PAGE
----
Beaded Sacred Heart

1873

Oil painting and beadwork depicting a red burning heart encircled by a crown of thorns against a light blue background and vermillion border.

Peinture à huile et perles sur écorce de bouleau.

Creator
Juli Saint-Laurent
Source
Private Collection
Pseudonym
Soeur Marguerite-Marie (Sara) Riel
Size
30.5cm W x 31.3cm L x 1cm H
Material
Oil Painting and Beadwork on birch bark
Beaded Heart

This painting portrays an image of Christ’s Sacred Heart and is based on a 19th century French embroidery. The work is painted in oil on a 12” x 12” piece of Betula papyrifera, or, white birch, a Northern Saskatchewan tree species that grows in the Canadian boreal forest. The background of the painting is of a faded, pale blue sky with soft white clouds. The painting has a 1/2” faded border that clearly was once a vibrant vermillion. At the centre of the painting is a faded red heart, also vermillion, with orange and red flames fanning out of the top of the heart. From the flames rises a small vermillion cross. The heart itself is at the centre of a faded golden-ochre five-point star. The star is encircled with a crown of thorns. Radiating from the heart are a series of 48 golden rays made of small strands or ‘sheafs’ that resemble wheat stalks, though without seed heads. A large, vermillion five-point star is painted at each ordinal point, like the hours of a clock. Between each ‘sheaf,’ and against the cloudy background, the artist has painted smaller golden stars. Small golden stars are also painted on alternate sheafs (i.e., at the 5 and 10 minutes positions) beginning at the 12 o’clock position. These stars are arranged closer to the crown of thorns than the red stars and every second star is positioned closer to the crown of thorns. In the four corners of the painting the artist has painted a pale purple prairie crocus, Pulsatilla vulgaris, also known as the Pasque flower because in more temperate climates it blossoms in early spring, that is, around Easter.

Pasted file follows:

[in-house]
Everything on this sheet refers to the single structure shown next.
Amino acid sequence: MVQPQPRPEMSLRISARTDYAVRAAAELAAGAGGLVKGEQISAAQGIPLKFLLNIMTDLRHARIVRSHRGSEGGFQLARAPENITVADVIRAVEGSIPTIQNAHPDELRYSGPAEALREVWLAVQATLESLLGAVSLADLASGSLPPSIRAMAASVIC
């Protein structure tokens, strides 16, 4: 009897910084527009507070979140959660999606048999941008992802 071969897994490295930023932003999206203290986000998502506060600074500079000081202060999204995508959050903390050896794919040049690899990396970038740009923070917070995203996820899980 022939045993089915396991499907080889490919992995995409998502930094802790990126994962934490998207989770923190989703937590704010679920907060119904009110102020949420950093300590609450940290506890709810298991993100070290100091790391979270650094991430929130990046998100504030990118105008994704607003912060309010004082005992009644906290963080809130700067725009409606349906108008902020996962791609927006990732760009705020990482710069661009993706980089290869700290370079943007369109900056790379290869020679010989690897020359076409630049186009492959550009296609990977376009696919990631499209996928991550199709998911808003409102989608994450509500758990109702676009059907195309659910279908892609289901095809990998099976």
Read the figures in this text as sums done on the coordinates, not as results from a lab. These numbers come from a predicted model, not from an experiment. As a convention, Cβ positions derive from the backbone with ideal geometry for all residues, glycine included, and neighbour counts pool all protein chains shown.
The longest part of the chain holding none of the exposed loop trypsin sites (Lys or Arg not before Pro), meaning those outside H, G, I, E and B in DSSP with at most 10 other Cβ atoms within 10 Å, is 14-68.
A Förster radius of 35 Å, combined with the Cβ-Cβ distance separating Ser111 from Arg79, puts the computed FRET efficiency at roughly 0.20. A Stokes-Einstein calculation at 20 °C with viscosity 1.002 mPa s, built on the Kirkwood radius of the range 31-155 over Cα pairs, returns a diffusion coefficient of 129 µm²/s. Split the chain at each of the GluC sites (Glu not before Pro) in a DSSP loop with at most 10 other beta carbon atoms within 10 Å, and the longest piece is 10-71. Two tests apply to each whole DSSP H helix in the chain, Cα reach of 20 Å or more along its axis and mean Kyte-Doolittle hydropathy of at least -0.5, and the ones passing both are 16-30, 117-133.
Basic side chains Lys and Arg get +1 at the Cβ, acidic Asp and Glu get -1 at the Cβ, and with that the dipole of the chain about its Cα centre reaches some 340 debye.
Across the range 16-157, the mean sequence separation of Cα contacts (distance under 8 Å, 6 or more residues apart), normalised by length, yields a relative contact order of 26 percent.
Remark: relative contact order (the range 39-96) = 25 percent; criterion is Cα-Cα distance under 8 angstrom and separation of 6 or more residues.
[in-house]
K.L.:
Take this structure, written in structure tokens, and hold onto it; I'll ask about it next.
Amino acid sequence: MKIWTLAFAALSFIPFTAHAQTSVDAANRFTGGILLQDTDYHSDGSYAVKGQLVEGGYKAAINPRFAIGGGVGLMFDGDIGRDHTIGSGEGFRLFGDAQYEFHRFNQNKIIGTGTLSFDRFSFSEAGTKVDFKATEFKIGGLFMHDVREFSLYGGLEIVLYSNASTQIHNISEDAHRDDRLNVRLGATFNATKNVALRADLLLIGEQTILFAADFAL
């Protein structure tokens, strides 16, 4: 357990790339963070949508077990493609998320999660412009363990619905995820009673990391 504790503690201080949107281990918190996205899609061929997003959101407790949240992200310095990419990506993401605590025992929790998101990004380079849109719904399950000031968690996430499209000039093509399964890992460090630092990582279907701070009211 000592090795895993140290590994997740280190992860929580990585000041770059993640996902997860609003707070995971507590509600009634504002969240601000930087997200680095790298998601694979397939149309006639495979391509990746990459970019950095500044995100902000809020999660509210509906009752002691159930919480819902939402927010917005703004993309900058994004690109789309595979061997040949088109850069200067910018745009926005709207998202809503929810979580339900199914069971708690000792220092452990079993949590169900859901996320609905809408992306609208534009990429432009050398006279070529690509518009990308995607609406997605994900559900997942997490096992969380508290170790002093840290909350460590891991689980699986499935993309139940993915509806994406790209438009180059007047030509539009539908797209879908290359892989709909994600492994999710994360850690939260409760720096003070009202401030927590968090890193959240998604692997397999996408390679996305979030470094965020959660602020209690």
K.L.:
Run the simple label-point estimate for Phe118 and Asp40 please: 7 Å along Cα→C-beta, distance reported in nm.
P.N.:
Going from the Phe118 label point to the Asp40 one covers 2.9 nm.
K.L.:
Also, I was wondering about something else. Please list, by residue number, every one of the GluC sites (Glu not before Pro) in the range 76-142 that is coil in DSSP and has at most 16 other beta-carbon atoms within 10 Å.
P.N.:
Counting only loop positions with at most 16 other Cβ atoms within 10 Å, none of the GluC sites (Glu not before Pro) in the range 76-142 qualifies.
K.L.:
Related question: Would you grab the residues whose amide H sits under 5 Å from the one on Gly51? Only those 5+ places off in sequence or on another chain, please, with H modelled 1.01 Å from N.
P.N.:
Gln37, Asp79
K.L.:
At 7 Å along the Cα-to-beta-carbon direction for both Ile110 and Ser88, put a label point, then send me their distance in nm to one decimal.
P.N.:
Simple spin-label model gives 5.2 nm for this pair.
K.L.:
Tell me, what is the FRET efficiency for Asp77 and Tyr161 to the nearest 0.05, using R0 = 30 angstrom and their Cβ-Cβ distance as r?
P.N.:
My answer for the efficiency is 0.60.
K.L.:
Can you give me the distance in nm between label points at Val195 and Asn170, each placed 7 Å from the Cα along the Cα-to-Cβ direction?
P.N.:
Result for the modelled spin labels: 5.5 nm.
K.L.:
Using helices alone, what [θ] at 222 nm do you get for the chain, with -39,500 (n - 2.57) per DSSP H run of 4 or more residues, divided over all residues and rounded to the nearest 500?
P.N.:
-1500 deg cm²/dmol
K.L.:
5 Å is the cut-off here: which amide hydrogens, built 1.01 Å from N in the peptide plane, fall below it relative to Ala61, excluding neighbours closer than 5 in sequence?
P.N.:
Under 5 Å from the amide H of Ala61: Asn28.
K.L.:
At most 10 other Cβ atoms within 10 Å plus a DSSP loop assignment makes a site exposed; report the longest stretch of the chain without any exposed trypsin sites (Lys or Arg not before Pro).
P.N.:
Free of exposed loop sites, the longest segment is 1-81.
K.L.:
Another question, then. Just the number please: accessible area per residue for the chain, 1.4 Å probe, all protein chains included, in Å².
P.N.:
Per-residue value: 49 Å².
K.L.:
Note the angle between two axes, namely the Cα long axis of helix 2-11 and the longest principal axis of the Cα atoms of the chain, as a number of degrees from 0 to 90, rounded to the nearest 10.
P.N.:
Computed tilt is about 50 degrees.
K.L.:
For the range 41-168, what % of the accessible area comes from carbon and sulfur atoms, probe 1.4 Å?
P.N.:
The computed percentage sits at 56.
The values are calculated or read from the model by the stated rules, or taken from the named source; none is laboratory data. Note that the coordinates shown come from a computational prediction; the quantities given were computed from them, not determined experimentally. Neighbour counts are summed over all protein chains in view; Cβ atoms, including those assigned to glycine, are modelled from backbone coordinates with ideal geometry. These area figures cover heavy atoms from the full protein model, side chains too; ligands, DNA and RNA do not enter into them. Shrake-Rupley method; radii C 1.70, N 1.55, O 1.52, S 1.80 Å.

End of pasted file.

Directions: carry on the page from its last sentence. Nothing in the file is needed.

The verso of the painting shows the aging of the birch bark used as the canvas. It is a mellow grey-white with some orange staining, perhaps from the painting being stored amongst a stack of other folkloric paintings of the region as found in a recent renovation of a deserted 19th century schoolhouse.

There are no overt markings that indicate the name of the painter, but the words, ‘Le Sacre Coeur de Jésus, Île-à-la-Crosse,’ are written in 19th c. copperplate in what appears to be graphite in the lower left-hand corner of the verso of the painting. A comparison of the handwriting with letters from Sara Riel to her brother Louis, indicate that the former is the author of the lettering at the back of the painting.

The painting gives off a faint smell of roses, candlewax, and incense and is reminiscent of the evocative smell of the crypt of Saint André Bessette at L’Oratoire Saint-Joseph du Mont-Royal, in Montreal, Quebec, Canada.

The overall condition of the painting is fair to good. There is some crackling of the canvas which gives the painting a quaint mid-19th century patina. It is somewhat brittle due to inadequate handling and storage, but it is an excellent candidate for sensitive restoration using 21st century conservation techniques.

Biographical Details: Ms. Juli Saint-Laurent (b. 1990) Nippising, Michigan was educated at Detroit’s Sacred Heart Convent, a school for gifted children. The author of the painting continued her studies in French, Fine Art, and North American Native Studies at Wayne State University, attaining her BA in 2004. She continued with an MFA at Concordia University, Montreal Quebec, where she graduated in 2007. The title of her thesis was Seventeenth Century Embroidery Designs and Their Influence on Cree and Métis Beadwork.